If manufacturers think they have a reason for a different cabling option they should apply to NMEA to have the standard changed.
    Having said all that .. I have no idea why Furuno’s daisy chained devices don’t comply: just connect the instruments together in the NMEA2000 compliant way and stick some epoxy in the second port.

  20. Anonymous says:

    It is interesting to note that the DeviceNet standard, from version 1.0 onwards (early 1990’s), allows daisy chaining in drop cables. NMEA N2K uses DeviceNet cables and connectors.
    DeviceNet is used in systems which are both time and safety critical so daisy chaining should not be a problem for N2K.
    Furuno’s diagram above essentially shows the daisy chained instruments on a drop cable.

  21. Ben Ellison Ben Ellison says:

    Thanks yttrill. I’m not saying that NMEA should just open the gates to non compliance. But I am saying that they should reconsider daisy chaining so that otherwise compliant gear can be certified. I presume that the three manufacturers who are offering instruments with daisy chaining have asked for such change. Some reasons that I may not have been clear about in the entry:
    1.) Daisy chaining is completely optional. No one who buys the “non compliant” gear has to use the second connector. I was only half kidding about the warning label.
    2.) The fact that three manufacturers decided to enable daisy chaining suggests fairly strongly that it’s not all that dangerous an idea. After all, it’s those manufacturers who unhappy customers will turn to.
    The bigger picture is that I don’t see how a standards organization can hold to a rule when the rule is clearly being broken by numerous participants in the standard. The rule becomes pretend, and we all get silliness like euphemisms for NMEA 2000, and a lot of perfectly good N2K instruments that aren’t certified.
    I don’t think that holding to a broken rule makes the standard stronger; the way to do that is make the rules more realistic. And note that the manufacturers are not innocent parties here. They all wear two hats, and one is sitting on the committees that make the rules. They all ought to sit down with the NMEA staff and get real 😉

  22. Andy Campbell says:

    If you ignore the issue of a single device failure also taking down those chained to it for a moment, and instead champion the idea of Daisy chaining, you could be creating a whole host of future retro-fit issues.
    Having the option of daisy chaining would probably be handled correctly by the initial installer, who understands that the maximum drop length (adding up the daisy chains) cannot exceed 6 metres, and also knowns how the NMEA 2000 network has been wired (because he did it himself).
    However, having these daisy chaining ports just lying there waiting to be used for the next retro fit opens up a whole can of worms. The next installer/boat owner may not understand the 6 metre rule and simple chain another two or three devices to a convenient ‘chain’ port. This will create extra interference on the network and could start to generate error messages.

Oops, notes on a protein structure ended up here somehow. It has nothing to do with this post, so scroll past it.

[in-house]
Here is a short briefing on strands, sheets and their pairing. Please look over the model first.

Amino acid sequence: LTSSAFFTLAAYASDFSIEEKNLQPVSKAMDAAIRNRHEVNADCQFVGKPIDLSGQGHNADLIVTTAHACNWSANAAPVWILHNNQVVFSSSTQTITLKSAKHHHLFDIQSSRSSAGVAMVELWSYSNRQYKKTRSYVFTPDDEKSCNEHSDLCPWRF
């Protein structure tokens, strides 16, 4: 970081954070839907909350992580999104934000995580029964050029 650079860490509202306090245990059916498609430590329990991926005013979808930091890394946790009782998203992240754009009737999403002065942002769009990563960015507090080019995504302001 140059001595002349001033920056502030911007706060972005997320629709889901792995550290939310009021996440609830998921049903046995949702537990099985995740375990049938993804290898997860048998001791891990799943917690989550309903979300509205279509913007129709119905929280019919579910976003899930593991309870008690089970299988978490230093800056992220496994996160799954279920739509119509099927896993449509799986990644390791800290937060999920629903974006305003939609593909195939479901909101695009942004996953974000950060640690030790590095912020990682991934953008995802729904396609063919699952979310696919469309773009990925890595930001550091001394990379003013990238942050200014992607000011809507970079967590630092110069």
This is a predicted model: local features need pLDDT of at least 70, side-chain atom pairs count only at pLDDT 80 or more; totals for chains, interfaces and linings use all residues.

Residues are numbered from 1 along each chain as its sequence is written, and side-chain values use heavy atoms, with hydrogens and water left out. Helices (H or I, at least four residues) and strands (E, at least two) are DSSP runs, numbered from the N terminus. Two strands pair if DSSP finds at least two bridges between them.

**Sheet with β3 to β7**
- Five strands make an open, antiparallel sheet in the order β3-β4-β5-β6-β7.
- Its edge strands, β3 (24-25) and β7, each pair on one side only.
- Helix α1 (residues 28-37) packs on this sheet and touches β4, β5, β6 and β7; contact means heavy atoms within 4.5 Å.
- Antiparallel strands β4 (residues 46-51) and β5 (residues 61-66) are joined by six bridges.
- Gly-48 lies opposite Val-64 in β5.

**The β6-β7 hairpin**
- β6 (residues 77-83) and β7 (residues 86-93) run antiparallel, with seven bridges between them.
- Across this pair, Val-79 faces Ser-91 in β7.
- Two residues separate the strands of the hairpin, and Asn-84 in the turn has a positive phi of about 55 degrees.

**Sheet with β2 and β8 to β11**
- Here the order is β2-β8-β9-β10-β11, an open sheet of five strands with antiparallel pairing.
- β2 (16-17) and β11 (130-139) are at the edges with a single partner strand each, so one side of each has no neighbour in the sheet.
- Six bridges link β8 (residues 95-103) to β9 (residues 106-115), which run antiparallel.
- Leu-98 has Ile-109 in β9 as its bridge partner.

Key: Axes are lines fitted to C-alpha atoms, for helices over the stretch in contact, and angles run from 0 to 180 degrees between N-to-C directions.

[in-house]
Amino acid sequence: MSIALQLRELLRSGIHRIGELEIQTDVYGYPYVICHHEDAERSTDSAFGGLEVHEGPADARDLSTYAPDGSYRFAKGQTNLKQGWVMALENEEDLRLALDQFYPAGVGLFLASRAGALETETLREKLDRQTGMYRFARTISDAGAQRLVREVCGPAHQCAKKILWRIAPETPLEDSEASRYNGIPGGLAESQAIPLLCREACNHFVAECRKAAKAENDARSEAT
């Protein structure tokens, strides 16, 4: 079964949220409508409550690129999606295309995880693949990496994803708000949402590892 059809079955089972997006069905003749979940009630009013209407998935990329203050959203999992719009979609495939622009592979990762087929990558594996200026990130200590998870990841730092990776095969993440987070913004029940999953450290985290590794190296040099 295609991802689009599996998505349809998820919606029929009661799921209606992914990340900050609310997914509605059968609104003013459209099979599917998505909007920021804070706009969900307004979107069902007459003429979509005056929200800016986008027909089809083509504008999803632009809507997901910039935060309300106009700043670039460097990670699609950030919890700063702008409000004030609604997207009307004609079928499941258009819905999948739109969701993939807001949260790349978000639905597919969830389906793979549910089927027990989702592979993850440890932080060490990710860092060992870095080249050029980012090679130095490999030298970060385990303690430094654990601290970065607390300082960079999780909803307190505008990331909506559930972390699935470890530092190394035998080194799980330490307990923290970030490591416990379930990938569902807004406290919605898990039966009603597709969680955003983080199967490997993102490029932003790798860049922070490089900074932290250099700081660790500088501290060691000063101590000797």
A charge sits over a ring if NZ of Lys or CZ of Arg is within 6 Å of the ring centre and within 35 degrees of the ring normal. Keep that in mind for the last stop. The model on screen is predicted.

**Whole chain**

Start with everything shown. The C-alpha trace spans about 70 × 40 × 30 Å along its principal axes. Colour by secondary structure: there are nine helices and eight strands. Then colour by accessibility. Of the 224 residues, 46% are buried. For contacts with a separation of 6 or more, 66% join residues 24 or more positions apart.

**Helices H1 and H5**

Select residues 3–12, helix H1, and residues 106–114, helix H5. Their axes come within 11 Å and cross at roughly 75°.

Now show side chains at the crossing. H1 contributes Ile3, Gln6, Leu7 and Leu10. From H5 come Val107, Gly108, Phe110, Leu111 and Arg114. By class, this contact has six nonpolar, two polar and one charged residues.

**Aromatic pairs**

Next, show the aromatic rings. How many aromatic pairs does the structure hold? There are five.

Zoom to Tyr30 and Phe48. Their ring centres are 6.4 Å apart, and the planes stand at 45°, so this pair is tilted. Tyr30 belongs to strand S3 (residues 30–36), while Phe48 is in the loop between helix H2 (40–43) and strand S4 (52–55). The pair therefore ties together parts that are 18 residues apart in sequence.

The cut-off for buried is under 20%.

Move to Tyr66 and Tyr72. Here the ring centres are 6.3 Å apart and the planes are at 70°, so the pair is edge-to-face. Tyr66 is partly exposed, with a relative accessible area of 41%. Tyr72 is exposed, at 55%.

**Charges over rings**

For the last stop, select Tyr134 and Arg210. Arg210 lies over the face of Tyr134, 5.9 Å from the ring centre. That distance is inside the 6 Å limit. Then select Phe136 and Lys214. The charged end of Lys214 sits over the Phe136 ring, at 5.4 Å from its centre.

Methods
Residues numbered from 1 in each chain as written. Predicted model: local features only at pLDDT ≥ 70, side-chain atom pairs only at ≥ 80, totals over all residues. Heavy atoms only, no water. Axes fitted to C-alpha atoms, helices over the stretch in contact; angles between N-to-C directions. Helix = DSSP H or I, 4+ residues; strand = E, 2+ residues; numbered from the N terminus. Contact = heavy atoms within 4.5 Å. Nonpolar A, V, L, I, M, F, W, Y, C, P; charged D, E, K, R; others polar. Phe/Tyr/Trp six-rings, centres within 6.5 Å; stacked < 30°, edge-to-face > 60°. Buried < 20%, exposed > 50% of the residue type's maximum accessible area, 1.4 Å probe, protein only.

Worse still, a future boat owner could use such a connection to (innocently) connect back to the NMEA 2000 network, creating a loop and a second parallel ‘backbone’. You may say this would never happen, but without a simple “this is the backbone, with each and every device connecting directly to it” rule, the true path of the NMEA 2000 network could become confused over time.
    I agree that daisy chaining can be useful, and help to reduce costs, which is great. However, I am also well aware of the difficult position they put the NMEA in, as an upholder of the network’s safety.
    Just to touch on the subject of terminator resistors, I was at an NMEA 2000 connectfest when a manufacturer’s built-in termination resistor was forgotten about and subsequently generated a large number of random error messages, confusing us all until the responsible engineer noticed his mistake, moved an innocuous ‘jumper’ and removed the termination resistor from the network. Magically, the errors disappeared, but not before wasting 30 minutes. This highlighted the true potential of confusion that can arise when an invisible (built-in) resistor is forgotten about.

  23. Ben Ellison Ben Ellison says:

    But, Andy, my point is that the can of worms is already wide open!
    I believe that there are just two brands of N2K instrument “families”, i.e. multi model sets with a mix of analog (looking) and digital data. The very type that get lined up in rows around sailboat wheels and cockpits, and on wheelhouse and flying bridge dashes. That would be Furuno’s and Simrad’s, both of which offer daisy chaining.
    So 100% of the traditional style NMEA 2000 instruments can be installed in a daisy chain. That’s almost worth repeating. 100%! Would any competitor who decided to offer a similar line dare not to include daisy chaining? I doubt it.
    Admittedly, of the four all-in-one instruments — Lowrance, Maretron, Garmin, and Raymarine — only Raymarine’s offers daisy chaining. But lining up all-in-one displays is less common, and Raymarine’s footprint is pretty large when it comes to instruments.
    So this is not a theoretical discussion about whether or not to allow daisy chaining. That cat is way out of the bag. The potentially problematic situations you describe above are being installed on boats every day (though, honestly, I’m not convinced they’re all that dire).
    I’m not advocating some radical change to NMEA 2000. In fact, I think it’s a great standard that will serve us for many decades to come. Which is why we should all work to fix the problems that have come up.
    One problem is that NMEA’s rule against daisy chaining failed. That’s a fact, at least in terms of instruments. It’s time to stop worrying about the implications of changing the rule, and start dealing with the fact that daisy chaining exists.